Have you ever watched a horse and rider performance that brought you to tears? I confess that my eyes have welled up from watching some of the Budweiser Clydesdale commercials that air during the Super Bowl game, so perhaps you’d call me a push over. Nevertheless, I cried when I watched Stacy Westfall and a horse named Roxy perform a bareback and bridleless freestyle reining routine. The routine was performed to the song, “Live Like You Were Dying” song by Tim McGraw and the real tearjerker, Stacy’s father, a true cowboy, had recently died. Even the announcer, a friend of Stacy’s father, choked up. It was a very touching, authentic, performance that even a non-equestrian would appreciate.
I had the opportunity to attend an intimate horsemanship clinic with Stacy at The Resort at Paws Up near Missoula, Montana. I’m pleased to say that she is as friendly and authentic in real life as she appears to be during her performances. Stacy, along with several Cowgirl Hall of Fame honorees, was at the ranch as an inductee into the Cowgirl Hall of Fame. Stacy’s voice had all but disappeared after back to back speaking engagements at the Midwest Horse Fair in Wisconsin, the Equine Career Conference in Pennsylvania and the Cowgirl Spring Roundup in Montana. For all intensive purposes we really were listening to a horse whisperer.
“Women train horses differently then men,” said Stacy Westfall during a horse body language seminar in Montana.
“Women train horses differently than men,” noted Westfall during our seminar. “I have to force myself to hold a grudge.” Westfall was relating her experience with horses and sharing a story of horse dominance with a stallion and a lower ranking younger horse in a shared pasture. The stallion was not happy with an interaction he had with the young horse and he pinned him to the ground to teach him a lesson in dominance. “It’s fascinating to study horses,” continued Westfall. “Some are bullies and some are messed up.” Of course, the same could be said for humans.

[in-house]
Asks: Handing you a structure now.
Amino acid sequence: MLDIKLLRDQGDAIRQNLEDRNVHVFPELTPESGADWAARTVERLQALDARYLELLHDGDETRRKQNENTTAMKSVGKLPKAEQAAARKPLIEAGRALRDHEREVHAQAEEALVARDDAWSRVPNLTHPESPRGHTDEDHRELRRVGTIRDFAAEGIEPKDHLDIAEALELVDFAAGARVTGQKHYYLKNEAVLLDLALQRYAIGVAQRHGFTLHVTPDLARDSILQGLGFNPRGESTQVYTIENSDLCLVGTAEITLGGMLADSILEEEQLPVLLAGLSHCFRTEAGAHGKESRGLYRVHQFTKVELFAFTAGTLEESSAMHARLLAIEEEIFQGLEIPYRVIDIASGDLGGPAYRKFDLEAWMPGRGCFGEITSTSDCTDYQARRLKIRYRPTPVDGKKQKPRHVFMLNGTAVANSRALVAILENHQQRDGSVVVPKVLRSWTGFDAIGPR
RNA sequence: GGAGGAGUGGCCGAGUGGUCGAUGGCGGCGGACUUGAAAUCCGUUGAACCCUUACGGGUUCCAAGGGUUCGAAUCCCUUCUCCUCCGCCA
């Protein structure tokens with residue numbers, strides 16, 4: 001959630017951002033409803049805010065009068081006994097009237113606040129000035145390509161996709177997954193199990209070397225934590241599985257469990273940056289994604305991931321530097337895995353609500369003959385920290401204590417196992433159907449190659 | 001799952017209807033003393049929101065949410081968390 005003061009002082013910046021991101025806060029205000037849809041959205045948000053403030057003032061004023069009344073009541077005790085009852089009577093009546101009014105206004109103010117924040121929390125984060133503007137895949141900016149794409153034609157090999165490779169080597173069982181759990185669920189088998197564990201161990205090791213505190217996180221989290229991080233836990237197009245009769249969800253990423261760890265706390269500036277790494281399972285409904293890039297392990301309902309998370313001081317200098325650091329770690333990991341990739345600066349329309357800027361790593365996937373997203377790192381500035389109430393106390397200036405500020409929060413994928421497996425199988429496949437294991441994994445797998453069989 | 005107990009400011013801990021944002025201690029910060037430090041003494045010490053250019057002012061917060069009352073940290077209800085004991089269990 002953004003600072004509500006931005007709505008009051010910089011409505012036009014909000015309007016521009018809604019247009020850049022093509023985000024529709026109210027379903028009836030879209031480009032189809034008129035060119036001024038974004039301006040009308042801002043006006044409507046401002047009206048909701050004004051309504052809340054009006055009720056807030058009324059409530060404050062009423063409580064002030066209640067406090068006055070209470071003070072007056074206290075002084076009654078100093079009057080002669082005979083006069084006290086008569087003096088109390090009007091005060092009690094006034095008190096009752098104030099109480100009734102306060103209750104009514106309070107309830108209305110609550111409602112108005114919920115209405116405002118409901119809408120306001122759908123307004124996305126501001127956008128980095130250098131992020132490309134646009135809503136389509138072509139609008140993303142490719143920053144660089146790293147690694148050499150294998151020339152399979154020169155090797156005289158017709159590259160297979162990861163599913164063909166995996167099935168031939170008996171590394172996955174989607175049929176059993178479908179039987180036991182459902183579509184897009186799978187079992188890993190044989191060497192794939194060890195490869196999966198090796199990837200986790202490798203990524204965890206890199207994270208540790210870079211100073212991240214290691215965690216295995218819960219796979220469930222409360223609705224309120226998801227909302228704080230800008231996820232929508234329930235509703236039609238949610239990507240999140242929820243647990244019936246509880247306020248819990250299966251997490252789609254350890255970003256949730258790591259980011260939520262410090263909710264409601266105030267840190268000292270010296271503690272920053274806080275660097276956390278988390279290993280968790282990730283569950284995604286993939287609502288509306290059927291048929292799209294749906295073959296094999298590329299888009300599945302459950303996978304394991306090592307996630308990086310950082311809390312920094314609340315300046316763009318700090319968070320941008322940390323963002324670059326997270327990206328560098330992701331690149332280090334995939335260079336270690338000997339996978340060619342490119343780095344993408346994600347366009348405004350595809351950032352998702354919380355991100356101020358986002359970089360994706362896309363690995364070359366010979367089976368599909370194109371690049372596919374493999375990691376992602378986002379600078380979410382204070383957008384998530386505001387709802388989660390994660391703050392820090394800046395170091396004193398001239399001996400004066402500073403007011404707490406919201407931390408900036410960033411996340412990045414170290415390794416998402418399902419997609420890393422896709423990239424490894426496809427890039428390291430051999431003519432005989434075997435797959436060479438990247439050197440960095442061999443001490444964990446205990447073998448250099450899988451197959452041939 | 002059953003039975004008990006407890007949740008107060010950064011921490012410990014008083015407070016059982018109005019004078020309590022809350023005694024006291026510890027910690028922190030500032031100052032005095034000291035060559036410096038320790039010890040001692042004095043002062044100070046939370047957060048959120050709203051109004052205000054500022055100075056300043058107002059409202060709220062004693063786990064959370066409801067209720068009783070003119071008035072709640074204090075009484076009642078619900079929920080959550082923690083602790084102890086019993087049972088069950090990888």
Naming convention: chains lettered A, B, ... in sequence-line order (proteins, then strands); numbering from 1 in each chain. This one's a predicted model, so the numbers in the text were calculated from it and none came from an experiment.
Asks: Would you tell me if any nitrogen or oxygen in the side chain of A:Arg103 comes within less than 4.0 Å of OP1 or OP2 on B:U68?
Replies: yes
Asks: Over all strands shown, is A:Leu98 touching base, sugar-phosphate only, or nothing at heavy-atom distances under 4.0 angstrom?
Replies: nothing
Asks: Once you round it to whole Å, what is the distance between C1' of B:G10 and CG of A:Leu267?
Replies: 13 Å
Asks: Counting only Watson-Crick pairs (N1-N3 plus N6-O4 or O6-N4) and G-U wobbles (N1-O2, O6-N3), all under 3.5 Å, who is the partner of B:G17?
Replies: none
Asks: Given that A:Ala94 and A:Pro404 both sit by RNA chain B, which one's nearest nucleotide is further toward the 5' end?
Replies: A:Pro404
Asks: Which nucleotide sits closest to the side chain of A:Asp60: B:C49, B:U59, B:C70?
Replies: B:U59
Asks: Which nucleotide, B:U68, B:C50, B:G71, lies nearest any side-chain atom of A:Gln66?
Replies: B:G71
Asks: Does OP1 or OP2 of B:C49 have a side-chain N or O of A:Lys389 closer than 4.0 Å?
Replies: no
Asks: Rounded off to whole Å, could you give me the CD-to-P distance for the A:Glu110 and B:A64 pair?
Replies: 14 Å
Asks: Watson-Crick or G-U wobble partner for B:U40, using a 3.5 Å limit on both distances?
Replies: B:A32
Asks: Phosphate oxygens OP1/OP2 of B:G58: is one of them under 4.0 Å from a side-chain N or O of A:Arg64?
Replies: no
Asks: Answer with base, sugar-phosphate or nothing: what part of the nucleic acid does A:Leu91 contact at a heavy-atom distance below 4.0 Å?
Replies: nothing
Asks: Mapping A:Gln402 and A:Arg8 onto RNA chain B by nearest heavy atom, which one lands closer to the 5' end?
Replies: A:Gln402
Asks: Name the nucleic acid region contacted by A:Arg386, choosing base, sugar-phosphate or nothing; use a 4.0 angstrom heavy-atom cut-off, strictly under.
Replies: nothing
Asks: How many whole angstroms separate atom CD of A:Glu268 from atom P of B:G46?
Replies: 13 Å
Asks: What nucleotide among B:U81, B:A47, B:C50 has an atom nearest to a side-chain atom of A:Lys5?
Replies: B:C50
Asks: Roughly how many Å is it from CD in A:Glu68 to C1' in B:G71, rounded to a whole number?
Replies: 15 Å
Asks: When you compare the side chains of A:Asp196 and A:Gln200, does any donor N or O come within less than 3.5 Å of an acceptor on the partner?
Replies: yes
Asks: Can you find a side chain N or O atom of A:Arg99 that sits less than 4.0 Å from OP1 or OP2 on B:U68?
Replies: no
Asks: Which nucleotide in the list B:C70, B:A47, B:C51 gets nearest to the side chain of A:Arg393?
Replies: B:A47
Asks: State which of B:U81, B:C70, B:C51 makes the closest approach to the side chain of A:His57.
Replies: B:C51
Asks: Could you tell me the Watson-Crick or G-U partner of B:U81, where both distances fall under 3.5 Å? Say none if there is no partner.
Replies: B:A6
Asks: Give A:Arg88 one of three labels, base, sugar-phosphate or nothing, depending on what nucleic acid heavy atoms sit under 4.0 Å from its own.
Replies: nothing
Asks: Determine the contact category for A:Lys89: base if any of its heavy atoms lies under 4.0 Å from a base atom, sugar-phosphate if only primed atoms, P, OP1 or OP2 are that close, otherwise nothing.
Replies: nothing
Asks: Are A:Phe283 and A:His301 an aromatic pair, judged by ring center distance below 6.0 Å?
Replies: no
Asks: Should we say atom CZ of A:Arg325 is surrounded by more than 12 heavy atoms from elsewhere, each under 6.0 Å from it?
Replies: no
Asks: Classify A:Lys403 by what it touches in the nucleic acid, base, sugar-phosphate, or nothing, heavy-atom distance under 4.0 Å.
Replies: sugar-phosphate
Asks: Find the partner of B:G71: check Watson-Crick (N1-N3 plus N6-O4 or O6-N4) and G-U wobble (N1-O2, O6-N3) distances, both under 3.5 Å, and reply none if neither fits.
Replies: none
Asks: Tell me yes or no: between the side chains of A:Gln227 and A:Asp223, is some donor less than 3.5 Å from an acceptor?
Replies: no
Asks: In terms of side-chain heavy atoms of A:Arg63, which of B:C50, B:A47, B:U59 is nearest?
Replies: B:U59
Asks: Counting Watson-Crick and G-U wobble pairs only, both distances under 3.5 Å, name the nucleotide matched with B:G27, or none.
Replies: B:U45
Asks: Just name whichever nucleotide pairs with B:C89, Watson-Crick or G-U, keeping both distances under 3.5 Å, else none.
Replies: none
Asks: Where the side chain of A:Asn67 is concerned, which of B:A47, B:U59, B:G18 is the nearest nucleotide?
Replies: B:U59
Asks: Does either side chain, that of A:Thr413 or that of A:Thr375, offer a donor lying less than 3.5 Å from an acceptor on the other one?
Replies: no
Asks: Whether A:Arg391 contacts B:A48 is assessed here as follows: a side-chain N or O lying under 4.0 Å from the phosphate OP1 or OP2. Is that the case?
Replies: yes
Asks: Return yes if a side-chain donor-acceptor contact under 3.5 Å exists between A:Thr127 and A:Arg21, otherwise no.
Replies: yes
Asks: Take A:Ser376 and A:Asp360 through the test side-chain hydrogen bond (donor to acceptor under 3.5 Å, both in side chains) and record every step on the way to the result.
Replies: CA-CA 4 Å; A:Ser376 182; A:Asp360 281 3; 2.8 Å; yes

In working with Kidd, the Quarter horse from The Resort at Paws Up (shown above and below) Westfall was demonstrating the release of pressure on a horse. “It’s all about where the release of pressure will be,” added Westfall. With the emotional control of the horse, Westfall attempts to teach him to separate. She notes that you can teach a horse emotional control. “We want to teach them that they can mentally think fast, but that doesn’t mean they have to move fast.”
“I think ground work is amazing for people. iPhones are great for equestrian training with video,” shared Westfall.
“Horses operate on Grandma rules,” laughed Westfall. “They start as a blank slate. Some people hold you accountable here,” (raises hand high into the air) “and others here.” (Raises hand lower) Westfall used the analogy of her young boys earning money picking fruit on their grandma’s ranch. Grandma rewarded their efforts with cash. In this particular instance, the boys quickly learned that quantity was rewarded over quality. Grandma paid them regardless of the quality of the product. While this analogy is certainly not comparing apples to apples, it gave us a good idea of what Westfall expects in her work with horses. Bottom line, in training horses, hold them accountable and keep the bar high.
While my description of Westfall’s seminar doesn’t do justice to her real-life, on-the-ground clinics, she certainly gave us a wonderful glimpse into the body language of horses. “Can you imagine if we were all forgiving and thorough with our horses?” Listen intently to what they are trying to communicate to us. Go back to the basics when our language gets broken and remember to remain calm. “When I draw a line in the sand, he will know where I want him to go,” she concluded her presentation with a whisper and a smile.
Stacy Westfall and her husband own and operate Westfall Horsemanship. When Stacy is not training horses, she enjoys spending time with their three boys in Ohio. Stacy may be found on Instagram and Twitter @stacywestfall. Article by Travel Writer and Cowgirl Nancy D. Brown. All photos courtesy Nancy D. Brown.